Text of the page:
September 24, 2014 - Susan S. Levine, LCSW, BCD-P

Private practice of Psychoanalysis, Psychotherapy and Clinical Supervision, Ardmore, PA
Faculty, Institute of the Psychoanalytic Center of Philadelphia
Faculty, Center for Psychoanalysis, Department of Psychiatry, Albert Einstein Medical Center

"Means and Ends in Hitchcock's Vertigo, or Kant You See?"

This paper offers an original reading of Hitchcock’s Vertigo. Using the Kantian categorical imperative, also known as the principle of dignity, the plot is interpreted from the viewpoint of means and ends.  This theme of dignity and dignity violations is juxtaposed with discoveries about the choices of the names “Madeleine” and “Judy” and the two ends of the film.  The significance of the names is explored in relation to the novel on which the film was based and to a recently uncovered interest of Hitchcock.   Through a psychoanalyst’s attention to language and images, this essay explores means and ends from philosophical, psychological, and artistic perspectives.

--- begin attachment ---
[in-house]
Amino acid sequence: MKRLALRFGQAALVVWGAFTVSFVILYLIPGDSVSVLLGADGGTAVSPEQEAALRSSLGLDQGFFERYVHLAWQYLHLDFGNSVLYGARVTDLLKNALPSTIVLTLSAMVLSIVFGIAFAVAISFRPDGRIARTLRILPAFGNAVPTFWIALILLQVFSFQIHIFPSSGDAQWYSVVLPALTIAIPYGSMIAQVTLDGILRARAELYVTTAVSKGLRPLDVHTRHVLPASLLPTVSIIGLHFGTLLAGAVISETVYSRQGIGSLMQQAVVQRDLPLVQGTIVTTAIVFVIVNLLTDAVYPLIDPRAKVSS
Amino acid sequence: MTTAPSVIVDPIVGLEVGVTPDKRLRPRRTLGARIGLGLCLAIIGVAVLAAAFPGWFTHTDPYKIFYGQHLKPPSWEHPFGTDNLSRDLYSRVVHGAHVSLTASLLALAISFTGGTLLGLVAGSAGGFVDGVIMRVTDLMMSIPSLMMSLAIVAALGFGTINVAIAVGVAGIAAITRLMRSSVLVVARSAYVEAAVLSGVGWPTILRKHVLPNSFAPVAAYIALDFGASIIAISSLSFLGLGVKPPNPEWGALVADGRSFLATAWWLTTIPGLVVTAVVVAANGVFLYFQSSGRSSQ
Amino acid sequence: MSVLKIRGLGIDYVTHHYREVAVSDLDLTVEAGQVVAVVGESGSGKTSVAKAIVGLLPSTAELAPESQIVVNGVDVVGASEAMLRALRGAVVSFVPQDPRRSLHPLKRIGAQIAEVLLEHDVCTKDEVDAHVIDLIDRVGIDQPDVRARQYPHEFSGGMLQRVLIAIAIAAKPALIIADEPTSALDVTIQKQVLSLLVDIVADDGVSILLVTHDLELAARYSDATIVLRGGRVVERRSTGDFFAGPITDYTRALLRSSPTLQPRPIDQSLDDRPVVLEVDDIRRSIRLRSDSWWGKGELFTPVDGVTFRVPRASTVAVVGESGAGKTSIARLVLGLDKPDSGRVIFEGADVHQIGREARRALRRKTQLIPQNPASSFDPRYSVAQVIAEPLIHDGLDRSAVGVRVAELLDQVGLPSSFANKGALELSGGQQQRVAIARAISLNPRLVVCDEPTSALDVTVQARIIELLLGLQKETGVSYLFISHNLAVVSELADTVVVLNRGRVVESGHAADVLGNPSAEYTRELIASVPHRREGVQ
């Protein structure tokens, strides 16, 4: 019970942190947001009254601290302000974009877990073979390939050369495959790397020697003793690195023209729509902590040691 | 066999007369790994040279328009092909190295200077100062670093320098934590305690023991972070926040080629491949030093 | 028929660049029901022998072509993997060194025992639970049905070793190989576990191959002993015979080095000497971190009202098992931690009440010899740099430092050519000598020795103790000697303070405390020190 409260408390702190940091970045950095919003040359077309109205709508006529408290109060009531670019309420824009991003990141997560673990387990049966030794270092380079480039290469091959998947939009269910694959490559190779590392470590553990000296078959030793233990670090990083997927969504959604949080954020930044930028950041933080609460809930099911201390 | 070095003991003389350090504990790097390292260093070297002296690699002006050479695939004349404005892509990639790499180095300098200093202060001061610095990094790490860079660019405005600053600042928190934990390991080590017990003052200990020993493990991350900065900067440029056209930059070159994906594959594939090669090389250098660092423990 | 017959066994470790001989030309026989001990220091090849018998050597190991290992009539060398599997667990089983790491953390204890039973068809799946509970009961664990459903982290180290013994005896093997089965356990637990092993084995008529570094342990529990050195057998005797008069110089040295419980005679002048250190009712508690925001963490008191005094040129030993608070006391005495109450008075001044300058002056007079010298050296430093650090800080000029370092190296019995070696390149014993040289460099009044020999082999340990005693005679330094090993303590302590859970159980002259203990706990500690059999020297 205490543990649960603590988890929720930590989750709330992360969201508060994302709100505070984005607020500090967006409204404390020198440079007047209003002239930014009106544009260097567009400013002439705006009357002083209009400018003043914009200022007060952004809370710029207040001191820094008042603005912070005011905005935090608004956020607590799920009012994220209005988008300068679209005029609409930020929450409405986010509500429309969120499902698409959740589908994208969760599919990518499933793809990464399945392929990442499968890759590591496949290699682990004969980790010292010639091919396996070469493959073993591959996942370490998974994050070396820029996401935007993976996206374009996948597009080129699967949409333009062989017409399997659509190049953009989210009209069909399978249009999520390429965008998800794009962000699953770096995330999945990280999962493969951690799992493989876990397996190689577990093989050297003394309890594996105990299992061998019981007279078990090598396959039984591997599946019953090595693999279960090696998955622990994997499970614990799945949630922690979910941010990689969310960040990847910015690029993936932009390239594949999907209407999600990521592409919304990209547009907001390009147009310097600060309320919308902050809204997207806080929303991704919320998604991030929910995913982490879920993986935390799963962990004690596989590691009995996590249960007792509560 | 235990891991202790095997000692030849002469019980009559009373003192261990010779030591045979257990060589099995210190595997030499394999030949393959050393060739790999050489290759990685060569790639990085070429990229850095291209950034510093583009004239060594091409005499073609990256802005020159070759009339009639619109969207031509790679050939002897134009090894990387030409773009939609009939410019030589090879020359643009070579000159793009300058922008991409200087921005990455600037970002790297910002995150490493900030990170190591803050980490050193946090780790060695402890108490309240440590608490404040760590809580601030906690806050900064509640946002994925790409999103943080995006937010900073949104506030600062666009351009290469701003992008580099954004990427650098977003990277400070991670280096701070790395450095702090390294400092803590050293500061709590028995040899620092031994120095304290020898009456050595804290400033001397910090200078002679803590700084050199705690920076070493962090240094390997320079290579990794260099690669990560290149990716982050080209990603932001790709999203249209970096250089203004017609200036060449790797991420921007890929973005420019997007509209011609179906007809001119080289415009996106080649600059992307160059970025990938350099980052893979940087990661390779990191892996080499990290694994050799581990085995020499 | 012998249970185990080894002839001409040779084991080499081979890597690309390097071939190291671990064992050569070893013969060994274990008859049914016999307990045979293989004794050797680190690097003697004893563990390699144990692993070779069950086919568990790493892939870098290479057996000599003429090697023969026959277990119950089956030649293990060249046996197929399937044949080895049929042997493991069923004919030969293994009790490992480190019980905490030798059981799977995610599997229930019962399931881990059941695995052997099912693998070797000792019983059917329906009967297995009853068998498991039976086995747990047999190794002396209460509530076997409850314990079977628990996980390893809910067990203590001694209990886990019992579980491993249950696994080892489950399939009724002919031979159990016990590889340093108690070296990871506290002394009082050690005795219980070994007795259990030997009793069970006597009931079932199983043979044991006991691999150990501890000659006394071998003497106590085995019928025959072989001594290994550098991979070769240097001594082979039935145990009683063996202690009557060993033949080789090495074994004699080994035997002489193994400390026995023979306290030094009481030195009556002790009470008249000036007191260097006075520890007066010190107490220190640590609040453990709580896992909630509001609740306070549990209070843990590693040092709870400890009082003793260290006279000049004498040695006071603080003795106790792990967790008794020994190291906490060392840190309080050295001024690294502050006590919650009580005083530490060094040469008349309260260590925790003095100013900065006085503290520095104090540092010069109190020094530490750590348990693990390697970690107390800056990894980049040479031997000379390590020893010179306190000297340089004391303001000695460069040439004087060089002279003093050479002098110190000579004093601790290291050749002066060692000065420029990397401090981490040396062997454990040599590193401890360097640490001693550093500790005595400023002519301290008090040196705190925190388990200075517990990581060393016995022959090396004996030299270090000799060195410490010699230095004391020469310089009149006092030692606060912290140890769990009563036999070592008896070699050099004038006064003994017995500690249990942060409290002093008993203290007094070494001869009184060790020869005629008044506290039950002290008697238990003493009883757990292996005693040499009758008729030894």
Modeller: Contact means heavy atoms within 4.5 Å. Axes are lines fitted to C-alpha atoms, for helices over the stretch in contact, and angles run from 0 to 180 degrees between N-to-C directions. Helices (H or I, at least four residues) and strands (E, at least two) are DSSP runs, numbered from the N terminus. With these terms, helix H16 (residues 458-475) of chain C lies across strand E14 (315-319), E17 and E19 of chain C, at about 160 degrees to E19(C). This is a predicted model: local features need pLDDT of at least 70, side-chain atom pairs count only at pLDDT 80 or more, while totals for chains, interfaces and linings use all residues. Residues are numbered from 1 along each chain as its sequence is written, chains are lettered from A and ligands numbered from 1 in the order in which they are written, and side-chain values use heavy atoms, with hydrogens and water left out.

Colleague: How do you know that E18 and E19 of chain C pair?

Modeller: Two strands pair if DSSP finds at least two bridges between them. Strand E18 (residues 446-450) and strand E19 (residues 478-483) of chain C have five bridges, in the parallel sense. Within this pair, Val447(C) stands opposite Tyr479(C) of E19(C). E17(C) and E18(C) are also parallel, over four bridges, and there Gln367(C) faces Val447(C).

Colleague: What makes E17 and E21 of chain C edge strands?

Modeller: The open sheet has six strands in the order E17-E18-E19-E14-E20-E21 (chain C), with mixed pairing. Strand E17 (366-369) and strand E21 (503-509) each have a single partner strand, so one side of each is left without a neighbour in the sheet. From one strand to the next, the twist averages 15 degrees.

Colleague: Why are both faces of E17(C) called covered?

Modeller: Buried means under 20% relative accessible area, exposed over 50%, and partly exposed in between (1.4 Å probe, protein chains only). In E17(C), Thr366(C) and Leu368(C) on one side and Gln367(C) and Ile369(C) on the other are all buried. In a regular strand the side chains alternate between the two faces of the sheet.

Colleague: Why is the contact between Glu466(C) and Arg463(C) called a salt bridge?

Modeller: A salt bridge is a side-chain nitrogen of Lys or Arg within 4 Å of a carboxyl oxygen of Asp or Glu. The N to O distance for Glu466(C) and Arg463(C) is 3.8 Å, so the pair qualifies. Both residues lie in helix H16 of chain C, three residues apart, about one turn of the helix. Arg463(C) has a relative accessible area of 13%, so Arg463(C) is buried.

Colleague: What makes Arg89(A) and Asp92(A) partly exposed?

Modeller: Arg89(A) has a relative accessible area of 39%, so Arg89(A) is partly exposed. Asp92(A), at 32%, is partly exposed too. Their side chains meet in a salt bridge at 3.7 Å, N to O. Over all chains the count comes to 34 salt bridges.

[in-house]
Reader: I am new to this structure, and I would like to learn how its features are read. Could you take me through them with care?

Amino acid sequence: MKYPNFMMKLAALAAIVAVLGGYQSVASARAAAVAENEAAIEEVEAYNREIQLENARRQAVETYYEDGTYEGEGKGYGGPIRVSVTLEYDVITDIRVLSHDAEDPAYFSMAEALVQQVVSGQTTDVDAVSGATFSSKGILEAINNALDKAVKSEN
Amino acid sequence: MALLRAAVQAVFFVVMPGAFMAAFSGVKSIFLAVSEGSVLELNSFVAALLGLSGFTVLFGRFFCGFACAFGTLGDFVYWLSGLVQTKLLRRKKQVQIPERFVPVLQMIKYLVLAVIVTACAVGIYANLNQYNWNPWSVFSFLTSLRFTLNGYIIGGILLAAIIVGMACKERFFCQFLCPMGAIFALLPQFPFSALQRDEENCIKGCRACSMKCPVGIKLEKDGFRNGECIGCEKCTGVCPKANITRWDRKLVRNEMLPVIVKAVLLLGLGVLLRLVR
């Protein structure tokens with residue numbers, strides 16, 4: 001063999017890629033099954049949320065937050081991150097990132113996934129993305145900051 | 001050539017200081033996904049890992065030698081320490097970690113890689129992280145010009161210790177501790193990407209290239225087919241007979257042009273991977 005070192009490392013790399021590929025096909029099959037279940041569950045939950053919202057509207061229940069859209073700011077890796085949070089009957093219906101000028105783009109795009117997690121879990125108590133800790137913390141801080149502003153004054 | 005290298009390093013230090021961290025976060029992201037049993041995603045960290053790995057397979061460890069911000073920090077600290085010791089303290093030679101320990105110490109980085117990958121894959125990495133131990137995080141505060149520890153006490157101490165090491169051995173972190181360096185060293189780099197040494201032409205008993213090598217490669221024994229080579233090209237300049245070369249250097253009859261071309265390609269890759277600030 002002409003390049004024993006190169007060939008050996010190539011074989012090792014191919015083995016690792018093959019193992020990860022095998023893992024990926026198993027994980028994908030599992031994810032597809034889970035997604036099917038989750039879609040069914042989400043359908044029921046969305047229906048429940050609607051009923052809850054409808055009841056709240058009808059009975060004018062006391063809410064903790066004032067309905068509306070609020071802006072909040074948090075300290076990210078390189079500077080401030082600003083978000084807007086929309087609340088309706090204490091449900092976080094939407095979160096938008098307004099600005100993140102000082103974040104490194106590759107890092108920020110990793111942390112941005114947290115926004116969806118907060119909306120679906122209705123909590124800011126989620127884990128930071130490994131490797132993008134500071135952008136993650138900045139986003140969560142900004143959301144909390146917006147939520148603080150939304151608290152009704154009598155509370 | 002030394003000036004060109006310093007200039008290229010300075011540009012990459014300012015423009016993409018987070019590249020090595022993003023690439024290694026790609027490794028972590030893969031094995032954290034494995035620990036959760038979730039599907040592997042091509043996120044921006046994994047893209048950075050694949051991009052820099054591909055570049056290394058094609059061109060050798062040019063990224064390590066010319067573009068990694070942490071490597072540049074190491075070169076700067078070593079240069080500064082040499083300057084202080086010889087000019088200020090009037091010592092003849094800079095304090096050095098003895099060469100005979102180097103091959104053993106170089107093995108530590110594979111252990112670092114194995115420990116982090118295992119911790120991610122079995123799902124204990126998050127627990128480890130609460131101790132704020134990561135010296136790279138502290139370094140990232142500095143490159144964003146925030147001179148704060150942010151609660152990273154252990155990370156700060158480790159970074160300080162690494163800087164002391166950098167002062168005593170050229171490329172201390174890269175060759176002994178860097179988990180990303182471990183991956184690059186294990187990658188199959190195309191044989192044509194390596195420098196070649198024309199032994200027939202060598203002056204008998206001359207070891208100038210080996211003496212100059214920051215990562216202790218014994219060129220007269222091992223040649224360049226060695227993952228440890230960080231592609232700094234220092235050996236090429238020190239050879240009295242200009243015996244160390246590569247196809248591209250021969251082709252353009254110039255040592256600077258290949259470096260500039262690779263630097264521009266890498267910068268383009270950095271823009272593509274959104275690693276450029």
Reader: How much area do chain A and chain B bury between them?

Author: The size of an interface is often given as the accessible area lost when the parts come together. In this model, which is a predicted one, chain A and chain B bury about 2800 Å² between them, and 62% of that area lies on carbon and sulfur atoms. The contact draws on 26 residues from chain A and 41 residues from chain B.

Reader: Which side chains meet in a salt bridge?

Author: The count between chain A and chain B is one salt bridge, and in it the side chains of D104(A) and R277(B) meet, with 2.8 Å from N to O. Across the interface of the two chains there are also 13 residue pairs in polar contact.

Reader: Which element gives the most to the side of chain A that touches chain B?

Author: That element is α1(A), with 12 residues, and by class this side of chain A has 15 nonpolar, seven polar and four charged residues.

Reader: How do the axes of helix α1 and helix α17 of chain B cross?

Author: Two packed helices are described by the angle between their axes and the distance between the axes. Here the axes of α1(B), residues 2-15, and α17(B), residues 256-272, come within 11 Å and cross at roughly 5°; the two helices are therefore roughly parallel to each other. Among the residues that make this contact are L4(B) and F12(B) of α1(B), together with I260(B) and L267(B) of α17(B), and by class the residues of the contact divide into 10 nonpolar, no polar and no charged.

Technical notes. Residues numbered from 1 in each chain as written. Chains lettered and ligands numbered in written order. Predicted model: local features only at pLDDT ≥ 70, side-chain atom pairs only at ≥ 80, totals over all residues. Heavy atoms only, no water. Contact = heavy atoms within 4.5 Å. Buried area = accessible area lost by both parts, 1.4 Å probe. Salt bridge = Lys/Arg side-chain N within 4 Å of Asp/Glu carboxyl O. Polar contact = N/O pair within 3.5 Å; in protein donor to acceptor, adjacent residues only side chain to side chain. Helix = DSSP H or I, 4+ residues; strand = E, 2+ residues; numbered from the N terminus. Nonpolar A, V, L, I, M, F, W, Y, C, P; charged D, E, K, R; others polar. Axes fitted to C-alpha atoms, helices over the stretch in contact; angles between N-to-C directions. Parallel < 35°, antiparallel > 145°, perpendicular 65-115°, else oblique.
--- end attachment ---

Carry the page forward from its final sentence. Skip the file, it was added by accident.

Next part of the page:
SLevine

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